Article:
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Male Infertility

Infertility affects approximately 15% of all couples, and male factors contribute to approximately half of these cases, with no identifiable cause in 25%. “Male factor” infertility is seen as an alteration in sperm concentration and/or motility and/or morphology in at least one sample of two sperm analyses, collected between 1 and 4 weeks apart (World Health Organisation, 1999).

male_infertilityThere are a wide range of causes of and treatments available for male infertility. Understanding the cause can help determine which treatment should be offered, whether this be an operation to try and bypass a blockage in the tubes carrying the sperm, or a procedure to retrieve sperm surgically from the testicles to be used subsequently in IVF and ICSI. Oliver Wiseman works together with the experienced team at the world famous infertility clinic, Bourn Hall Clinic, to offer patients the full range of options and help couples to maximize their chances of having a child.

 Causes of male infertility

These can be due to problems with manufacture of the sperm in the testes (non-obstructive), or due to a blockage of the transport of sperm after their production (obstructive). It is important that men with absent or low sperm numbers are thoroughly investigated, to ensure that:

  • they do not have an underlying illness causing their infertility
  • any genetic problem is identified so that the couple can be counseled as to the chances of passing a genetic problem on to their offspring, and also be told about the chances of success if surgical sperm retrieval is required
  • an informed discussion can be had regarding which treatments will maximize their chances of having a child

Problems with manufacture of sperm

The manufacture of sperm can be affected by a number of problems. These can be:

  • Genetic, in conditions such as Y chromosome microdeletion or Kleinfelters syndrome, there may be no sperm or very reduced number of sperm in the ejaculate
  • Testicular problems, such as undescended testicles or a previous twisted testicle, may render the testicle unable to produce sperm
  • Toxins, such as some drugs and chemotherapy, may damage the testicles ability to manufacture sperm
  • Previous illness, such as measles, may impair sperm production by the testicles
  • A hormonal problem may lead to insufficient hormones being available to support sperm manufacture

Blockage to the transport of sperm

There are several causes for blockages of the sperm carrying tubes (epididymis and vas), which can result in male fertility problems.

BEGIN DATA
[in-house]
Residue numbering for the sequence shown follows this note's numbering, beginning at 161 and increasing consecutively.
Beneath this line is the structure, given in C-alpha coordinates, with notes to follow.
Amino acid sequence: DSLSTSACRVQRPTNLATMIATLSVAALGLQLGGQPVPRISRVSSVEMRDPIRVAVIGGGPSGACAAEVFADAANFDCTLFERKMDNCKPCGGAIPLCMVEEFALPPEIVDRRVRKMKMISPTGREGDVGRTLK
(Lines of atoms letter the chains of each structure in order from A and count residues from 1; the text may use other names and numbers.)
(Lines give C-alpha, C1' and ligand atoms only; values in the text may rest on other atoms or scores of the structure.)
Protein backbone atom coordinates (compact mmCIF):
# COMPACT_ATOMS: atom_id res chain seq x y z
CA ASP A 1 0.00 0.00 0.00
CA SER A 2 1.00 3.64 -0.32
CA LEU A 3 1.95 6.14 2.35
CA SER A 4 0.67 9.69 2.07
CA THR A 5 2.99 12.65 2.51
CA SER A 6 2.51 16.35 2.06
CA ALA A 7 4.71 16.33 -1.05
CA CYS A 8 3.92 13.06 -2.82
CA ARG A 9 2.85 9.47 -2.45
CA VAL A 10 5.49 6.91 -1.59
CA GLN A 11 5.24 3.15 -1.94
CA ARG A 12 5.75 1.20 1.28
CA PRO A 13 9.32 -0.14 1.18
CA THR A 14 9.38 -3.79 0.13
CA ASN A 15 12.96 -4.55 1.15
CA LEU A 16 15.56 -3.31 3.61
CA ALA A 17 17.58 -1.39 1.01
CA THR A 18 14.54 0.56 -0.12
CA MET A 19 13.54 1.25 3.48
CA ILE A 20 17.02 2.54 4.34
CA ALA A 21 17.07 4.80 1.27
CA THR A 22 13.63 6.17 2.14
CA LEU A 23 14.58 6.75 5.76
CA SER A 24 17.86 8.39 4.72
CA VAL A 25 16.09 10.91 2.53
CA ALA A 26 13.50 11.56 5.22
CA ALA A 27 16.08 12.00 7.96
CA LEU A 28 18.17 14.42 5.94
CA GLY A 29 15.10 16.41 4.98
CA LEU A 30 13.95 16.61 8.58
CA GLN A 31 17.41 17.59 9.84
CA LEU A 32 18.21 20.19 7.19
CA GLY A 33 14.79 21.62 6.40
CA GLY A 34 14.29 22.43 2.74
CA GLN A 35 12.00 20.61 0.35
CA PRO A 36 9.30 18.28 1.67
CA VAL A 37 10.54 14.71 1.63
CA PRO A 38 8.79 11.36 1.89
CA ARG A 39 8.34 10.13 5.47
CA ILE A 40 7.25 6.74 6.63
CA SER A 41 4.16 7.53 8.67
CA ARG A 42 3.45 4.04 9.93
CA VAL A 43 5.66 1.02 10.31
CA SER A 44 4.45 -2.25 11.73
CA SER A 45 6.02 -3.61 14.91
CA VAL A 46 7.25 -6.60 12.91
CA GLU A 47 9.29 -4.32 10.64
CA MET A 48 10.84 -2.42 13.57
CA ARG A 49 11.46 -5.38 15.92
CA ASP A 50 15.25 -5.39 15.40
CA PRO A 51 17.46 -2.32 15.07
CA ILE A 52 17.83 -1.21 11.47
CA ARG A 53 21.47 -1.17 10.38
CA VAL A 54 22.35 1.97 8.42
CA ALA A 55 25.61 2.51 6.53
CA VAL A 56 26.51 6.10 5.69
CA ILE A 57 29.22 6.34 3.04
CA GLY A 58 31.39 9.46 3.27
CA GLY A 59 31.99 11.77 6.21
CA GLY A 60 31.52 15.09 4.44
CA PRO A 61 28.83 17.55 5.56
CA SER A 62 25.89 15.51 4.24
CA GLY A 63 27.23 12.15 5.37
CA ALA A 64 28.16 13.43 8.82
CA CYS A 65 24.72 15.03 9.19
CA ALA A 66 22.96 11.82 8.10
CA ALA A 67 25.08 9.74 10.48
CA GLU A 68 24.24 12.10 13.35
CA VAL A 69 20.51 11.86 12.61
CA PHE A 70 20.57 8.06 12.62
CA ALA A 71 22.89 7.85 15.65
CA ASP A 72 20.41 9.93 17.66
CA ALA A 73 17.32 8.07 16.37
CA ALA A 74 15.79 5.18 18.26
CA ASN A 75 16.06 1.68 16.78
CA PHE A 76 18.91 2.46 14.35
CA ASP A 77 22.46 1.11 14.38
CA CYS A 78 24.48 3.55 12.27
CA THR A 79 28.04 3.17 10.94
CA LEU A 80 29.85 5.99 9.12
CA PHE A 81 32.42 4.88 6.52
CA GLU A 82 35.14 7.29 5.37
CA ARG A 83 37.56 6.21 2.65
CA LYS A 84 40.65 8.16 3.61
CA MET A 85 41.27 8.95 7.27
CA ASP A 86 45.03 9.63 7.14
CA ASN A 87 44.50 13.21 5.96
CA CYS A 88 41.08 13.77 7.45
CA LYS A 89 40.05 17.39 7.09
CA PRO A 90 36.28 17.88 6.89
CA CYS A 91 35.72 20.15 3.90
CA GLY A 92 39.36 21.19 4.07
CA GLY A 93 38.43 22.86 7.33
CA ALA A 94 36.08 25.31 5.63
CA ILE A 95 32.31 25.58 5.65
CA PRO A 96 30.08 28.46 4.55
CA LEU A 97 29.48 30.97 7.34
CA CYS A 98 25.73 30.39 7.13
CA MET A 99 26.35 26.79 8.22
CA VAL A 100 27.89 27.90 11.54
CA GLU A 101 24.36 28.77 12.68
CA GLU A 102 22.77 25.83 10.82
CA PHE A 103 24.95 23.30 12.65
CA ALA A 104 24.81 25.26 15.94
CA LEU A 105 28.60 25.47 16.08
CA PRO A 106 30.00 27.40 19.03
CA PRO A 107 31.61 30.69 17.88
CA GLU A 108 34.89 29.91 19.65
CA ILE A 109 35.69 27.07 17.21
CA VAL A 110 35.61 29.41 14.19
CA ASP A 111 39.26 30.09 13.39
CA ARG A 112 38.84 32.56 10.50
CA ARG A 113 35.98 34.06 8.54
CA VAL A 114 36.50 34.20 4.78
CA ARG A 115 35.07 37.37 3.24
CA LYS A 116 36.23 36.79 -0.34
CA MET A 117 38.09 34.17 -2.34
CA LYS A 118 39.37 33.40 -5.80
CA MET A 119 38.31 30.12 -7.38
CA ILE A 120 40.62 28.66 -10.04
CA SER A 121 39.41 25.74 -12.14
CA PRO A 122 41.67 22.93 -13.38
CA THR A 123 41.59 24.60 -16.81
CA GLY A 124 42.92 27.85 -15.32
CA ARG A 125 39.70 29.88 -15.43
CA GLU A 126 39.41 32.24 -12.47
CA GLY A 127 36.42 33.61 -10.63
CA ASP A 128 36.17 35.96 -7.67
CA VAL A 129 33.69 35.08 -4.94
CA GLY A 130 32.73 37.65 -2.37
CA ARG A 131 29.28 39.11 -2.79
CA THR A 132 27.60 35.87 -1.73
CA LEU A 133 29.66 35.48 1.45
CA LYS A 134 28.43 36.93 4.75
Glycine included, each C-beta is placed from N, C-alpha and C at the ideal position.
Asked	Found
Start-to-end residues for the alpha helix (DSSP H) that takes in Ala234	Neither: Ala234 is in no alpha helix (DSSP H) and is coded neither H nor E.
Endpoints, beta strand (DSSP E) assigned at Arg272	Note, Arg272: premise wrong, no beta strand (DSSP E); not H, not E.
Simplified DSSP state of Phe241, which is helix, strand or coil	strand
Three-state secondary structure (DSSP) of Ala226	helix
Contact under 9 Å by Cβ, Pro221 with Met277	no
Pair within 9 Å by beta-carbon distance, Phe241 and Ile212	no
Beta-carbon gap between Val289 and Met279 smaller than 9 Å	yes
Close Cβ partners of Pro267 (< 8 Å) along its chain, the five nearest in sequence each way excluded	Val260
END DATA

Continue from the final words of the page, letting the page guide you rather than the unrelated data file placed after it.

• Previous vasectomy
  • Previous groin surgery such as hernia repair
  • Congenital absence of the vas deferens on one of both sides, which may be due to a mutation in the cystic fibrosis gene
  • Infection, particularly a sexually transmitted disease


A varicocoele is a collection of dilated veins which surround the testicle. They may visible when the patient stands up, and may cause discomfort or aching. They more often develop on the left hand side rather than the right. The link between varicocele and fertility is much debated. Varicoceles are present in 30 to 40 per cent of men who experience fertility problems, but many men with the condition are able to conceive without problems. Correction of the varicocoele may lead to improvement in sperm number and quality, but whether this translates into improved pregnancy rates in unclear.

Treatment of male infertility

It is important that the couple are treated together, and that female factors such as age and any gynecological history are taken into account.

In men where these is no obvious cause for low sperm numbers or lack of sperm in the ejaculate, surgical sperm retrieval (SSR) can be used. This can be either PESA (percutaneous epididymal sperm aspiration) or TESE (testicular sperm extraction). Oliver Wiseman works with the fertility experts and embryologists at Bourn Hall Clinic and regularly performs these procedures in conjunction with this expert team, and is well placed to discuss which is most suitable for you, and the likely success rates. The sperm retrieved would then be used for ICSI, which is a form of IVF where a single sperm is injected into a single egg to make an embryo. Oliver offers patients who require SSR due to poor sperm production micro TESE (miscrosurgical testicular sperm extraction). This technique allows individual areas of the testicle to be inspected under the microscope, and only those areas where the tubules are dilated and thus more likely to contain sperm are removed to look for sperm. In this way the chances of finding sperm are higher, and the amount of testicular tissue removed is much less, thus helping to preserve the testicle ability to make testosterone, the male hormone. Please contact us for more details about micro-TESE.

In men where there has been an obstruction to the flow of sperm, one option is to try and correct this. If there has been a previous vasectomy, then vasectomy reversal would be a possibility, and this is performed using microsurgery. For more information please click here . If the nature of the blockage is such that success from repair is thought to be low, or the time since the vasectomy is so long that reversal is unlikely to be successful, then Oliver can discuss the possibility of surgical sperm retrieval, either PESA or TESE (see above).

Visit our News page to read articles about male infertility issues from the Cambridge Urology Partnership team.

Read an article by Oliver Wiseman in Fertility Road magazine

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